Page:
United States

120 High Street | Reading Room Home | Hours

The collection contains, 2,604 letters, 2,228 of which are from Lydia Maria Child. Topics include antislavery, politics, Childs’ professional writing experience, her work as an editor of a children’s magazine, her financial assistance to musicians and artists, feminism, and Child’s personal life. Recipients include Ralph Waldo Emerson, George Eliot, Margaret Fuller, Charles Dickens, James T. Fields, William Cullen Bryant and other prominent cultural figures.

The records include seven volumes compiled for publication by the Colored Troops Division of the Adjutant General’s Office. Material includes published and unpublished primary source documents. Originals at the National Archives and Records Service, Washington, D.C.

James Henry Hammond was a senator, governor, and plantation owner. His papers include correspondence, diaries, speeches, plantation manuals, account books, and scrapbooks pertaining chiefly to South Carolina and national politics in the three decades preceding the Civil War. There are 15 reels, accompanied by a printed guide.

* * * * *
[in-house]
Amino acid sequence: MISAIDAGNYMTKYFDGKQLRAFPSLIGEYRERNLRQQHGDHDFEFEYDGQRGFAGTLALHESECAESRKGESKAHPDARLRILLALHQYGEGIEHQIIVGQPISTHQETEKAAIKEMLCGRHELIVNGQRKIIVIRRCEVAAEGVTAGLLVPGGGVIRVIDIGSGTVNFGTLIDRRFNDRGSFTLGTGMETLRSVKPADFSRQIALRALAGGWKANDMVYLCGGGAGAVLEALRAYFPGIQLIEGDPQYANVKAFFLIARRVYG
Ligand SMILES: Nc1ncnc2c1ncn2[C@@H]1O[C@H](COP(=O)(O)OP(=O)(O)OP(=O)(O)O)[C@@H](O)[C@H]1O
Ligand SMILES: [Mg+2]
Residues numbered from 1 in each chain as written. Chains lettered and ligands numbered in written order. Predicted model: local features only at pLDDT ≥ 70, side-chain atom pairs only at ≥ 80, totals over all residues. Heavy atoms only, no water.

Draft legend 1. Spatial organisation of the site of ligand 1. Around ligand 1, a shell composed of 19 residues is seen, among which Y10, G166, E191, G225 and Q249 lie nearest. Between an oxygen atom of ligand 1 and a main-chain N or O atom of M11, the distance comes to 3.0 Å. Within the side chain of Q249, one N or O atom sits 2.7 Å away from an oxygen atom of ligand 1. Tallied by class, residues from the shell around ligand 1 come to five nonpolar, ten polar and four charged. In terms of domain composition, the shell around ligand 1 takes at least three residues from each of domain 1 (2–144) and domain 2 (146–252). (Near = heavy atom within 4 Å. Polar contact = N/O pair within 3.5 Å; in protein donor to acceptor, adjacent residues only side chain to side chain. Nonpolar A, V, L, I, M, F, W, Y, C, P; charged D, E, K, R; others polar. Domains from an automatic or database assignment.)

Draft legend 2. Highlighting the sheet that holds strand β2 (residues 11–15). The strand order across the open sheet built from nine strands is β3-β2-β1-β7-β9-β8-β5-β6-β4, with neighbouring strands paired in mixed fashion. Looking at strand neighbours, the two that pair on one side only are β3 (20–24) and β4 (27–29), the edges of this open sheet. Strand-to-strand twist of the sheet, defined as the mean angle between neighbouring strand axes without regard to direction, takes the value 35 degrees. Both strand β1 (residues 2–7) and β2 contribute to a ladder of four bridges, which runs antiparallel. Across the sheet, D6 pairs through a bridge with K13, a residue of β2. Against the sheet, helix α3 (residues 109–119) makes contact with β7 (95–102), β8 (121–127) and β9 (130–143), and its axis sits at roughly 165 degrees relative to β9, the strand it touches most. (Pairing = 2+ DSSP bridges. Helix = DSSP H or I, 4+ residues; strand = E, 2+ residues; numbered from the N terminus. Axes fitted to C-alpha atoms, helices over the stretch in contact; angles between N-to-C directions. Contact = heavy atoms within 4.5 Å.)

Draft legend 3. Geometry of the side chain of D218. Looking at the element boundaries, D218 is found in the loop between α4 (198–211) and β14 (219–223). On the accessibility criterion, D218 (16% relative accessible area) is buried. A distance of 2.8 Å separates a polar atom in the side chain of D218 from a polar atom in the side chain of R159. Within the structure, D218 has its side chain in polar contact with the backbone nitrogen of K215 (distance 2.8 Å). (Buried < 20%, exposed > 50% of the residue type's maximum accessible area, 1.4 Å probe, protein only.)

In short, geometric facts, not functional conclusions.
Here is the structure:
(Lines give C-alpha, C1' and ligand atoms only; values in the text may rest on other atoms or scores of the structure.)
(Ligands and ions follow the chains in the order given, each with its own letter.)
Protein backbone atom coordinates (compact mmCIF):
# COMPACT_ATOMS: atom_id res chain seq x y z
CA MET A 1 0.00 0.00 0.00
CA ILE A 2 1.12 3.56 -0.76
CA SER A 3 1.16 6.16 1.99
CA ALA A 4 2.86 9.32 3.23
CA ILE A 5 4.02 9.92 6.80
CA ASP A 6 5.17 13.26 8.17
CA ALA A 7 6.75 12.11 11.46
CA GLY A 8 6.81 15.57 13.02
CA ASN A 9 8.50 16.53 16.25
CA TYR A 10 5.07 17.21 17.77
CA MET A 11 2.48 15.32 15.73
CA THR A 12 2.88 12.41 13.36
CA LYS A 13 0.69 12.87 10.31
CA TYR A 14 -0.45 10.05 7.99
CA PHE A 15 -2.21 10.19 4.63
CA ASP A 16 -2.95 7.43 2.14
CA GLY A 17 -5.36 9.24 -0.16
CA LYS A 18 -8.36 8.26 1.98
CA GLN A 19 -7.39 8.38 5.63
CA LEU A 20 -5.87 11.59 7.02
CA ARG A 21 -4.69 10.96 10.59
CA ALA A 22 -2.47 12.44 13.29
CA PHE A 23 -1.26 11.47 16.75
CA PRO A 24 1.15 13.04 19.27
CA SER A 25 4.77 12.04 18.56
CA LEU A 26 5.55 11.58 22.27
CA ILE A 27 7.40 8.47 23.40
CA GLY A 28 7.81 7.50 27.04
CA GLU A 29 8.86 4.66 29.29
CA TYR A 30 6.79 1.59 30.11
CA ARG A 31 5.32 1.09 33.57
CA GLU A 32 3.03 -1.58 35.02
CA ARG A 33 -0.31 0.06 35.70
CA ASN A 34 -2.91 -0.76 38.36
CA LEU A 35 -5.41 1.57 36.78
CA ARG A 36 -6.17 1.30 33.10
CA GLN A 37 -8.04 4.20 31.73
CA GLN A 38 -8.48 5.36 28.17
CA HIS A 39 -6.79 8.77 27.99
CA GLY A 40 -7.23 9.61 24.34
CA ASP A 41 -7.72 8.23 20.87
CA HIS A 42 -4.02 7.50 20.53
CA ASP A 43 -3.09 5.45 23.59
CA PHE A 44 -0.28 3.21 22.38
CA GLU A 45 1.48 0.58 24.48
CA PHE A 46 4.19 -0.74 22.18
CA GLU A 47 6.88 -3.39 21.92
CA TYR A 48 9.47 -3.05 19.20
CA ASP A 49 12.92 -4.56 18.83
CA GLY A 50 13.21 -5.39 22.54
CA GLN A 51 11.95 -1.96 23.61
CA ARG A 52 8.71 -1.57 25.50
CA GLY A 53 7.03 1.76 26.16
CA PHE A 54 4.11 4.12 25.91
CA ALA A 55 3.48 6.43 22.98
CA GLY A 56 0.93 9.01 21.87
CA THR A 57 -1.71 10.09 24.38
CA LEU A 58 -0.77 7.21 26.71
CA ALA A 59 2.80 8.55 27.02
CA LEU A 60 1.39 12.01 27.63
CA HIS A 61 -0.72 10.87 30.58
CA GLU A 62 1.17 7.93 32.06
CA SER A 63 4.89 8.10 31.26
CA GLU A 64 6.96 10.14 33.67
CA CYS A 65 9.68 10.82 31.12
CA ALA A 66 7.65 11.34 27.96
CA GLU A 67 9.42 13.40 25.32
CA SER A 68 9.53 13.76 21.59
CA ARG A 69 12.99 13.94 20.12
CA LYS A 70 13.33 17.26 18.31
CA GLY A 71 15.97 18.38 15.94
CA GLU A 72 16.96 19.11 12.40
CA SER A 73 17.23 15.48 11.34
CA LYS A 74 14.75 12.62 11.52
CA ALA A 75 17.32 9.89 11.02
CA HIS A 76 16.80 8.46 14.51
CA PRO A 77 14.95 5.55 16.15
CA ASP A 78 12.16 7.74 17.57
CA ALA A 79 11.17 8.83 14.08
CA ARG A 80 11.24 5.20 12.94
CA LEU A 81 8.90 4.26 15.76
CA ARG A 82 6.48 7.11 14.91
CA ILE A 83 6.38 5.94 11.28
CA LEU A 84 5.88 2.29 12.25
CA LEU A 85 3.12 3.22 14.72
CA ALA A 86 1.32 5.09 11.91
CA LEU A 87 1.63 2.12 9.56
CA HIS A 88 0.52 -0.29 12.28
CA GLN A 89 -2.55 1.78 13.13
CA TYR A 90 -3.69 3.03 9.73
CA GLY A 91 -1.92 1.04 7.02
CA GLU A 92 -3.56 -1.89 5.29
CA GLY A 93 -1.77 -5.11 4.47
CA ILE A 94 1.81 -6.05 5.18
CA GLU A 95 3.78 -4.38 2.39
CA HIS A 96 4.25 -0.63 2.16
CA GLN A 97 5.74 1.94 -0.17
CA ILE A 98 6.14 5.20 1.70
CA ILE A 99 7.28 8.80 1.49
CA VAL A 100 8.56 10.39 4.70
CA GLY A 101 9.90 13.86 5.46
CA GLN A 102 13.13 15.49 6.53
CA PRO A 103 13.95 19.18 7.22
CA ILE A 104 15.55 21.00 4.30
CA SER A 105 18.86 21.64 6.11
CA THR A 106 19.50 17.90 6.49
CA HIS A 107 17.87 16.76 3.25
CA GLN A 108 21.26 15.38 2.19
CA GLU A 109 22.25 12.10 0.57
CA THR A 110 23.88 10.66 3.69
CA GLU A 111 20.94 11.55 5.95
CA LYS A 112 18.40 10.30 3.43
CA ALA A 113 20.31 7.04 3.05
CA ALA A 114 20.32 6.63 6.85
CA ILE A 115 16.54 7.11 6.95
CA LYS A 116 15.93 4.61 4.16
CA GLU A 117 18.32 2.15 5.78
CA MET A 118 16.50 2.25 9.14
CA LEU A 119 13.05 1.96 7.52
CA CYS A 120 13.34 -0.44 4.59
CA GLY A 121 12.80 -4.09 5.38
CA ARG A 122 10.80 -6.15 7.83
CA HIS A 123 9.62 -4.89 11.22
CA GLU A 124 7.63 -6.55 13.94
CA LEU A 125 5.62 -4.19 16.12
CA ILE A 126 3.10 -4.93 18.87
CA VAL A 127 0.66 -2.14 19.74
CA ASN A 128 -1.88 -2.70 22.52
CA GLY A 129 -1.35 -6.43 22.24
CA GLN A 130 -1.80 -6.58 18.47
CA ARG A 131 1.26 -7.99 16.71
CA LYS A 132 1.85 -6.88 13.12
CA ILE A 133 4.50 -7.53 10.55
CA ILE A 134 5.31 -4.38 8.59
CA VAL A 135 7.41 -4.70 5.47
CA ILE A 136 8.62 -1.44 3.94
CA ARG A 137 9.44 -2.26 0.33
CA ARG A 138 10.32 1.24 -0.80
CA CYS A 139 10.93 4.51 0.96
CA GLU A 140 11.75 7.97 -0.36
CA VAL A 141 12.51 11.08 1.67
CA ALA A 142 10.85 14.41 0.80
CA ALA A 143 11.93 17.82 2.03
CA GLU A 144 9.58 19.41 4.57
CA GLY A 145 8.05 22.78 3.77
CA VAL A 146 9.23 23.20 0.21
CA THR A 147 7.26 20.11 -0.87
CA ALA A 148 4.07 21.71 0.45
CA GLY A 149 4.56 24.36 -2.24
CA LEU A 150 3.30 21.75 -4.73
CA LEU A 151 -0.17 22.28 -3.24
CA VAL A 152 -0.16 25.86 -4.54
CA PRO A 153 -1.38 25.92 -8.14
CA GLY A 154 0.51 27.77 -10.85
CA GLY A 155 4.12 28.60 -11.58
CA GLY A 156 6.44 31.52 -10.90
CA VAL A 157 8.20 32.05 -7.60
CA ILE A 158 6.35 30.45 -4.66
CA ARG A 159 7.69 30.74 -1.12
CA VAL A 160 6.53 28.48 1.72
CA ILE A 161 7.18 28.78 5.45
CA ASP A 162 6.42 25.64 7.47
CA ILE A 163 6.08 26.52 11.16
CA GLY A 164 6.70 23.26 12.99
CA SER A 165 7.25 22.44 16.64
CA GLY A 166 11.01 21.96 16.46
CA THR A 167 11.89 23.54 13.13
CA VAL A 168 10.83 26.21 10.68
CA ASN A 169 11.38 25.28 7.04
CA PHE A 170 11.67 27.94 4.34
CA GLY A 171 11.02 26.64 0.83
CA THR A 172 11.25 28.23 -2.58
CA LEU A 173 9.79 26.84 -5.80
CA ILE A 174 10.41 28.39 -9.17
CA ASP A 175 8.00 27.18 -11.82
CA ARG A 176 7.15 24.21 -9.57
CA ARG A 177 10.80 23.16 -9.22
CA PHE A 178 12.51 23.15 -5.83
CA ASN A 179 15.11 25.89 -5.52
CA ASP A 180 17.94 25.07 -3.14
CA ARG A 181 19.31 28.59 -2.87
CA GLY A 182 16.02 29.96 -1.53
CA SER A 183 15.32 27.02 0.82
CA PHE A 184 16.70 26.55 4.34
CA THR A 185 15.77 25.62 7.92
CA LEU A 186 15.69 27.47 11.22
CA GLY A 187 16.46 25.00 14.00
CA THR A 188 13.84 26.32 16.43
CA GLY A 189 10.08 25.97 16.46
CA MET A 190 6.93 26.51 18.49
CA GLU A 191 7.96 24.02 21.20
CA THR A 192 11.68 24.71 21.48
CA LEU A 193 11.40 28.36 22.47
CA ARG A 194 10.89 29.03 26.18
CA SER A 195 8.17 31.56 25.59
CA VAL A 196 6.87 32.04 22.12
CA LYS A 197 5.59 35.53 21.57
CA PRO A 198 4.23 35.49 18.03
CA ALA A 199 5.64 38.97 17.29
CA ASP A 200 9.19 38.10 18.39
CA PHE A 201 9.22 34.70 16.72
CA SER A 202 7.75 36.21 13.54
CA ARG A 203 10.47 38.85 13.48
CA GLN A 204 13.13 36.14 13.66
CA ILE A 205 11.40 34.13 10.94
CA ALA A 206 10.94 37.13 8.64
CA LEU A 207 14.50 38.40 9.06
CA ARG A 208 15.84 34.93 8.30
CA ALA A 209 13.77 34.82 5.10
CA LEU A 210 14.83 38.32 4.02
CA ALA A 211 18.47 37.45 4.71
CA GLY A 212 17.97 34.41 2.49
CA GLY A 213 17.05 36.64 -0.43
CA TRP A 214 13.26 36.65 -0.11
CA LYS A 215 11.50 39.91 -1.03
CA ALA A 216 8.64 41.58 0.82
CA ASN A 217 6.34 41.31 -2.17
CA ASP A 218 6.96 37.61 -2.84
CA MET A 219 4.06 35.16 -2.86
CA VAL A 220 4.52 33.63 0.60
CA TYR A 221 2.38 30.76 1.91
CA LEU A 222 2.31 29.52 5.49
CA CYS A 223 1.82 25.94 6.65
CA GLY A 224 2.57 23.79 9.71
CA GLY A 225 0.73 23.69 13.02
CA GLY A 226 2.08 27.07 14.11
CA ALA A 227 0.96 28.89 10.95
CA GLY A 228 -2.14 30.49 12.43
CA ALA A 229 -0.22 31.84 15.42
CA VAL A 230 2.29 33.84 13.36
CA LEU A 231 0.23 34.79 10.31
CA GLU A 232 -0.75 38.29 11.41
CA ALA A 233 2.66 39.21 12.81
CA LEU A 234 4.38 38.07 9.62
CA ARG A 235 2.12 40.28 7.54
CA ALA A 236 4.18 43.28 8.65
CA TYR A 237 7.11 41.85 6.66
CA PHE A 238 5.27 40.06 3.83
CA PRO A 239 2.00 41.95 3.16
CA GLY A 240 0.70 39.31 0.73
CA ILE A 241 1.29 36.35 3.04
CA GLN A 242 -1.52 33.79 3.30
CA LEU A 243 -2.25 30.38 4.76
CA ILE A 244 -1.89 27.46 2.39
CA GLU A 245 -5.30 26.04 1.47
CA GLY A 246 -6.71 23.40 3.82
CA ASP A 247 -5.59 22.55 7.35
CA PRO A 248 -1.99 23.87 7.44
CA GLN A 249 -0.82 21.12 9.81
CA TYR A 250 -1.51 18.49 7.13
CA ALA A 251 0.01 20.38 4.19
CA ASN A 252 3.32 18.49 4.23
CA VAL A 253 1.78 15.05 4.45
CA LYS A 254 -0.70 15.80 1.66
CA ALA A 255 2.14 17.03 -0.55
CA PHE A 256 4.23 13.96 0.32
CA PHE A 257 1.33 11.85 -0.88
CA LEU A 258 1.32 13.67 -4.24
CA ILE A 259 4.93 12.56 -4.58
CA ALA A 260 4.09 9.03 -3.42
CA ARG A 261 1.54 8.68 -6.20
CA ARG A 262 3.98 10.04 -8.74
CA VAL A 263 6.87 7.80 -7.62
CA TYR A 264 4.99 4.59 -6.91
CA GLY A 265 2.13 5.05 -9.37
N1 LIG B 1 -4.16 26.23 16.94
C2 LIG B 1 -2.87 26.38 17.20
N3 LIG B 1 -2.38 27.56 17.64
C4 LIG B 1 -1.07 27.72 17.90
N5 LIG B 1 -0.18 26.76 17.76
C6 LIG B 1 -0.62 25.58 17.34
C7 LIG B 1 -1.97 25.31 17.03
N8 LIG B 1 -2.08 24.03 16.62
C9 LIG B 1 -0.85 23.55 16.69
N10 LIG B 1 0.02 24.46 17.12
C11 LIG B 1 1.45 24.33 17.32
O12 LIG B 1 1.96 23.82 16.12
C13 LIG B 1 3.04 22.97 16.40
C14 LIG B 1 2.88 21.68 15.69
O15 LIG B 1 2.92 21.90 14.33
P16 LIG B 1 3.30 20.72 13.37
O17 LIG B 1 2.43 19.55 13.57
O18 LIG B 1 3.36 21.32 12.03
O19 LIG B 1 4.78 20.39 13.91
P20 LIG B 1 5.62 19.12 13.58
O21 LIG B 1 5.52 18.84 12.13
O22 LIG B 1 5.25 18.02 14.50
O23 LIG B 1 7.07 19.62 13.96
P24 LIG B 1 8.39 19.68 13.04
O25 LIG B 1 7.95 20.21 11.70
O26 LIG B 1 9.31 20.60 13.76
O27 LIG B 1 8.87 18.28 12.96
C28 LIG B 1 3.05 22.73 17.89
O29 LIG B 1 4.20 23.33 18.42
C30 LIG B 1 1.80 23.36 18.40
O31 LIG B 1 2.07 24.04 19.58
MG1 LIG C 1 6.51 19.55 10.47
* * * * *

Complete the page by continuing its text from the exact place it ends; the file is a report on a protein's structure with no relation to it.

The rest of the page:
1111 Chapel Street | Gallery Home | Hours

The Greek Slave, by Hiram Powers, was the single most celebrated work of sculpture in nineteenth-century America. Its pose—inspired by the well-known Medici Venus—represents a Christian girl captured by the Turks during the Greek War of Independence, for sale in the slave market of Constantinople. The statue inspired an outpouring of prose and poetry and became an anti-slavery symbol for abolitionists.

121 Wall Street | Library Home | Hours

Holograph manuscript, corrected, of a memoir by a young African-American, circa 1858. The memoir documents the major events in the author’s life leading up to and including incarcerations in the New York House of Refuge, the first juvenile reformatory in the United States, and Auburn Prison, the first state prison in New York, from 1833 to the late 1850s. The author compares the New York penal system to the slaveholding South.

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